MF Global Holding Ltd.’s U.K. customers demanded their money back at a London creditors’ meeting as administrators KPMG LLP said they racked up 17.5 million pounds ($27 million) in fees since the broker’s collapse without returning anything to clients.
Customers asked KPMG, which was appointed to wind up MF Global’s U.K. unit on Oct. 31, why the process was taking so long and what would happen to money that wasn’t in protected, or segregated, accounts.
The quick return of money in customer accounts is a “matter of life and death” for some clients, said Dimitry Nedvetsky, who identified himself as an employee of MF Global. Others expressed surprise when KPMG said clients with unsegregated accounts, which weren’t held separately from the broker’s own money, would be treated as unsecured claims alongside other creditors.
All client money, segregated or not, is “sacrosanct” and should be “paid in full,” Erico Tavares, of investment fund Sinclair Limited, told administrators. “The irony is that we picked the U.K. exactly for that investor protection, which has now proved illusory,” he said in an e-mailed statement after the meeting.
The issue of unsegregated customer funds sparked contention at the first meeting between KPMG and the broker’s U.K. clients and creditors yesterday, unlike in the U.S., where attention is focused on locating some $1.2 billion missing from customer accounts. Bankruptcy trustees for New York-based MF Global Holdings Ltd. have scheduled a creditors meeting for Jan. 26.
No Special Protection
While segregated funds are held separately and not supposed to be used by financial firms, unsegregated accounts have no special protection under U.K. law and no priority over other unsecured creditor claims, KPMG partner Richard Heis said at the meeting. He wouldn’t confirm exactly how much was in the unsegregated accounts but said it was more than 1 billion pounds ($1.5 billion).
MF Global’s clients had to specifically ask for their accounts to be protected as segregated funds, said Sean Donovan- Smith, an attorney at London firm Speechly Bircham. Some thought they had protection but didn’t, or didn’t know they had to make a special request.
“We know from experience that clients of MF Global may not have fully read the terms and conditions of business carefully,” he said.
KPMG administrator Richard Faulkner said at the meeting there were disputes with clients about the status of accounts and while the firm would try to resolve them amicably, some “may be decided in the U.K. courts.” Some clients tried to change the status of accounts to gain protection just before the broker collapsed, administrators said.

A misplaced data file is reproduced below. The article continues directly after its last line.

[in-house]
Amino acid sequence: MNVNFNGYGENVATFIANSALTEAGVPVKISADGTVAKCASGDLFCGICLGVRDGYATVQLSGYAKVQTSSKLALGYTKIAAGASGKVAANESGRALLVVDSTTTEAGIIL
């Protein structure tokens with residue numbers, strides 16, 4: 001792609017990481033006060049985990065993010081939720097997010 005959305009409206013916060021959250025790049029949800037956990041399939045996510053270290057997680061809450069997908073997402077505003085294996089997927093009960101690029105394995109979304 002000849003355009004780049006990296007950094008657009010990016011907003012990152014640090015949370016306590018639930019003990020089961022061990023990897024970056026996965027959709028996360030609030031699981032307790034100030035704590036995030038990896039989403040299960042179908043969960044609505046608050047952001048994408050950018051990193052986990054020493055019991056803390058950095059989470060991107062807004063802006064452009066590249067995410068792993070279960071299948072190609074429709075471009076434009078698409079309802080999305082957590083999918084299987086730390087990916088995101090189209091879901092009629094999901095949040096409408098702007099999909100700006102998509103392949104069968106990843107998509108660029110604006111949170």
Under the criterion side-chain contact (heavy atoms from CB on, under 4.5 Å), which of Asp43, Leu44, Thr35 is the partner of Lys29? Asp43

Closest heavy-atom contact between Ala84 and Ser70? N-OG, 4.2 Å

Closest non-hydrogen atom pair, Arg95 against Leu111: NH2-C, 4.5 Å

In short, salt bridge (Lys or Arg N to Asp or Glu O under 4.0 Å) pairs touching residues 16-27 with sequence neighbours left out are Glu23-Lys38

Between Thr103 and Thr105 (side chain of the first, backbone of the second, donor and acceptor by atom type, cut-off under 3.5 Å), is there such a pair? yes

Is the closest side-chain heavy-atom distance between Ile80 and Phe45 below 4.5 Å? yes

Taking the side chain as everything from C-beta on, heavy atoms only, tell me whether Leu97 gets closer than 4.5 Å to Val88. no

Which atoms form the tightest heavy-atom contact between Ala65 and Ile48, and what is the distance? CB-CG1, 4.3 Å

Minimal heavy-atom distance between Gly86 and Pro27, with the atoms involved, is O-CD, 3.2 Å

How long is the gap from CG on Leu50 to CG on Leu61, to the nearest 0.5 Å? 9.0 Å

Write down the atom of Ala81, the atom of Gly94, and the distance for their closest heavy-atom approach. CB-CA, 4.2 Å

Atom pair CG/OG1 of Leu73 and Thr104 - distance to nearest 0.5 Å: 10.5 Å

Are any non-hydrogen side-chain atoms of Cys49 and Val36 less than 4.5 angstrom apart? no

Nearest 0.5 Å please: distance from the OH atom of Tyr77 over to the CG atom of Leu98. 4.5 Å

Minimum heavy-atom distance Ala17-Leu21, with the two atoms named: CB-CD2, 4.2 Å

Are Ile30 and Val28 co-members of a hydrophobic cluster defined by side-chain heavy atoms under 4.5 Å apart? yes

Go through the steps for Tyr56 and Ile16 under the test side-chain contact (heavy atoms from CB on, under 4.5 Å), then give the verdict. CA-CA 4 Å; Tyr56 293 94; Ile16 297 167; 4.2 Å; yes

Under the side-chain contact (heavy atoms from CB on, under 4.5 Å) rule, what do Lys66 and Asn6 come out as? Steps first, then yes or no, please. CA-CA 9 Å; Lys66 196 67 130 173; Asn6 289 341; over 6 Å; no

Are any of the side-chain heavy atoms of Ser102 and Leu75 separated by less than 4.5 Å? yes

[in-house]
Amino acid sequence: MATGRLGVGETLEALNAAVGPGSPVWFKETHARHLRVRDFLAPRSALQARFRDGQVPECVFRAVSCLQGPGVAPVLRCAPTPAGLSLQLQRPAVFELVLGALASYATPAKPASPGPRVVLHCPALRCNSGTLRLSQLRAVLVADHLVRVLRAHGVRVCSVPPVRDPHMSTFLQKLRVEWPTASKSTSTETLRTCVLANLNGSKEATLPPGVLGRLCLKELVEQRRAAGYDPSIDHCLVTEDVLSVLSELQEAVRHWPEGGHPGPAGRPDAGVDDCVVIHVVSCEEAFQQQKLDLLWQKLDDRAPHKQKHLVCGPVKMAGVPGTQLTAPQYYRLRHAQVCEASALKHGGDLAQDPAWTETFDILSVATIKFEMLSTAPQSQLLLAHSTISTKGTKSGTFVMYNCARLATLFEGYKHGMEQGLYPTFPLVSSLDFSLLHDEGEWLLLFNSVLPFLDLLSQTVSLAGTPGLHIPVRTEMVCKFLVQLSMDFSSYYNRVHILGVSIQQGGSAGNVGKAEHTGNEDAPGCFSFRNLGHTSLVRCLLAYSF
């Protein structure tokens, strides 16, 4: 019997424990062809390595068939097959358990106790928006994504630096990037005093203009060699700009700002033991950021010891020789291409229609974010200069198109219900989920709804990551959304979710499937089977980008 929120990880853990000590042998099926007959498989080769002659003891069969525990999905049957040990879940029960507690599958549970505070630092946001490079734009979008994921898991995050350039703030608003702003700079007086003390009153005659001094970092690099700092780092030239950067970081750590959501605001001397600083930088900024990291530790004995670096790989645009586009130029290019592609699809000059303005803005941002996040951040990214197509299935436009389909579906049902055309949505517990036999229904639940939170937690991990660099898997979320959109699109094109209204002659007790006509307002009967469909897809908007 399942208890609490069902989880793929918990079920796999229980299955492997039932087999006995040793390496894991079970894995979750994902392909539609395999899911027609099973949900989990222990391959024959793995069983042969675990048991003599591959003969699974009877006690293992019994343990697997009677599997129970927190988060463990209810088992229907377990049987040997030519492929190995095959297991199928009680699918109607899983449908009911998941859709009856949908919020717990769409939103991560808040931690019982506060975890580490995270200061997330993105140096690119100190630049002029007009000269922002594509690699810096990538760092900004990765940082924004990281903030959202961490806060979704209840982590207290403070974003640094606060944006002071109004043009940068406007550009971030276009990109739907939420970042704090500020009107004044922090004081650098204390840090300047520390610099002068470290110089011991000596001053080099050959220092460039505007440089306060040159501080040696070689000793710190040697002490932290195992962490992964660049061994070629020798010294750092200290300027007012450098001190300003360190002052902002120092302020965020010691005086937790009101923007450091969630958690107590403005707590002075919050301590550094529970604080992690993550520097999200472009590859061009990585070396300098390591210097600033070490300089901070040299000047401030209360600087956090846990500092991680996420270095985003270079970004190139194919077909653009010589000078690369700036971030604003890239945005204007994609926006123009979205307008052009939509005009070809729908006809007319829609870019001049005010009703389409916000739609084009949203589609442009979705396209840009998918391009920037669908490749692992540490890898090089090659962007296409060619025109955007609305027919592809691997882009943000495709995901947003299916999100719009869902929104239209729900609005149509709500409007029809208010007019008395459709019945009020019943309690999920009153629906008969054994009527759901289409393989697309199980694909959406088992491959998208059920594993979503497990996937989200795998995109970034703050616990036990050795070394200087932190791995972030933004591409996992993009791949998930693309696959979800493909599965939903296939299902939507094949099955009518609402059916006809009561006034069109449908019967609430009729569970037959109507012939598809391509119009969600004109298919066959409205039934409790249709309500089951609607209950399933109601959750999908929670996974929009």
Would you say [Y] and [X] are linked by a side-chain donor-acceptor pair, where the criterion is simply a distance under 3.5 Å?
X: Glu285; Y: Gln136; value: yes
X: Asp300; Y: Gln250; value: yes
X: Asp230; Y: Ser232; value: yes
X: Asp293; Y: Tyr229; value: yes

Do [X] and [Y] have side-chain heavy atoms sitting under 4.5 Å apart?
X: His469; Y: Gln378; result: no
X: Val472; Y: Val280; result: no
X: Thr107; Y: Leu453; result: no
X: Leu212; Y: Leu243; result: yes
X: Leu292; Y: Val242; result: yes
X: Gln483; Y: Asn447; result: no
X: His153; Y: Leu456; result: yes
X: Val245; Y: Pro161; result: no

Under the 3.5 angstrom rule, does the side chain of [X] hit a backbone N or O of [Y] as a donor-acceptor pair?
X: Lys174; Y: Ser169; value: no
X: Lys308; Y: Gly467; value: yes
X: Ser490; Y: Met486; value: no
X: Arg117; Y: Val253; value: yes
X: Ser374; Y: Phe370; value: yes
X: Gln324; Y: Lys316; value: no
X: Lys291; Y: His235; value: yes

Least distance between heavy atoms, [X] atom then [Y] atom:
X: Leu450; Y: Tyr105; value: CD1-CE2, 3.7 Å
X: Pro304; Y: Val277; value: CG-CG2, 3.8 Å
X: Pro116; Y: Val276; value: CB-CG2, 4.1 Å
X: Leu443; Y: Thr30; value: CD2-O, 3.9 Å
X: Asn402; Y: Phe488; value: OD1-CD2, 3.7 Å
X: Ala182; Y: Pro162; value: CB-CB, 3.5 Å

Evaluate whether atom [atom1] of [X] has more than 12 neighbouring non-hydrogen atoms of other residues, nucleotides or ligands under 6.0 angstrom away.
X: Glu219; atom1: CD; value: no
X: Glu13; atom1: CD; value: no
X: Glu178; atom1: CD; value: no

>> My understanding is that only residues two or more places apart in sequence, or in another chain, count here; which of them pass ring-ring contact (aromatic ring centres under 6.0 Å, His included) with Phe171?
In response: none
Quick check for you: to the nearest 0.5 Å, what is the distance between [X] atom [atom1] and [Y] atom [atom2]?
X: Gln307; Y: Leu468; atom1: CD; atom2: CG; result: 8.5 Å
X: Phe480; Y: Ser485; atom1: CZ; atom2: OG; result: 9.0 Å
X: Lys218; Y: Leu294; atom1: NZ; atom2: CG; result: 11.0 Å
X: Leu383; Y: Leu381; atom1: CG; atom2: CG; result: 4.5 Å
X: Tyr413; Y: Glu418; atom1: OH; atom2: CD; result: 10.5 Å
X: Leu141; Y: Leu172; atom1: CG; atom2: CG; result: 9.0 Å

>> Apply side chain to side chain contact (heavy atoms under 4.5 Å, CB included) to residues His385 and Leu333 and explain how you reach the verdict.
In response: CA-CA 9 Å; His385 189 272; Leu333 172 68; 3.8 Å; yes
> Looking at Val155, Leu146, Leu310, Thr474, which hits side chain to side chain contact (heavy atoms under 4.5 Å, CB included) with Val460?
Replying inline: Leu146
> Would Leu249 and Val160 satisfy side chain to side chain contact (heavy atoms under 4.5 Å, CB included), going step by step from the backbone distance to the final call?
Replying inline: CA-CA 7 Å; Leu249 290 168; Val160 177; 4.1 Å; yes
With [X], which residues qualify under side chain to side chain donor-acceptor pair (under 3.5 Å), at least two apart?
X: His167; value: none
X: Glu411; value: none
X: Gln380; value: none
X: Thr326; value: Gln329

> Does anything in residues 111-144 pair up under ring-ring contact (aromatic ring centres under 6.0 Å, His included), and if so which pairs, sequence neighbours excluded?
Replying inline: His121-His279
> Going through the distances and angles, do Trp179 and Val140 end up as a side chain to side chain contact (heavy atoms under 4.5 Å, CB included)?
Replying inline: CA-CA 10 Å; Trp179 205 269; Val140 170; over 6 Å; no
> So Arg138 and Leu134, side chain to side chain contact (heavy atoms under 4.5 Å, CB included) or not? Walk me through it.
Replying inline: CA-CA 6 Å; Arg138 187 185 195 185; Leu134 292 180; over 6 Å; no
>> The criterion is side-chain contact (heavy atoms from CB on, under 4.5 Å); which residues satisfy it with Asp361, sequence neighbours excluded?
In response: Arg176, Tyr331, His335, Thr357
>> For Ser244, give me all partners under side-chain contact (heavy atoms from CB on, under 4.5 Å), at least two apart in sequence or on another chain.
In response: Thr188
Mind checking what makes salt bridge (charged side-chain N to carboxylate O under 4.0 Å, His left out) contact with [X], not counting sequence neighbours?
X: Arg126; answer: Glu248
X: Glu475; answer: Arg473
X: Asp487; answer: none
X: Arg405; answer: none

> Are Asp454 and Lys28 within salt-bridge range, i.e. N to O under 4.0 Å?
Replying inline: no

KPMG said the 17.5 million pounds in fees included 14 million pounds for the administrators and legal fees of 3.5 million pounds. The administrators won’t be paid anything until a creditors committee has approved the figures, Heis said.
There will be an initial payment to segregated account holders as soon as possible after a London court hearing scheduled for Feb. 3, Heis said at the meeting.
“There is no delay,” he said. “We are doing it as quickly as we can. I do sympathize with a number of people who were badly affected by the lack of money.”
About 1 billion pounds of segregated funds was frozen in MF Global UK Ltd. accounts when its parent collapsed. Administrators say they have identified all the money, and haven’t discovered any shortfall of the kind seen in the U.S.
The confusion over segregated and unsegregated accounts is damaging to the U.K.’s image as a trading destination, said Clive Roberts, a fund manager at broker Alecto Financial Ltd., who attended the meeting.
Why should “a customer depositing funds with a broker to maintain open market positions consider themselves alongside a telecoms provider, vending machine company or landlord?” Roberts said in an e-mail yesterday. Client funds should be returned ahead of unsecured creditors, he said, while KPMG’s fees had caused “consternation”.
New York-based MF Global Holdings Ltd. was the fifth- largest financial company to file for bankruptcy when it sought protection on Oct. 31 after making losing bets on European sovereign debt.
KPMG asked those attending yesterday’s meeting to vote on whether to support its proposals for the administration. At the end of the event, Heis said creditors and clients had voted “overwhelmingly” in favor of its plan, though votes on who should make up the creditors’ committee hadn’t yet been counted.
The administrators had won “cautious approval, but with more questions than answers,” said Roberts.
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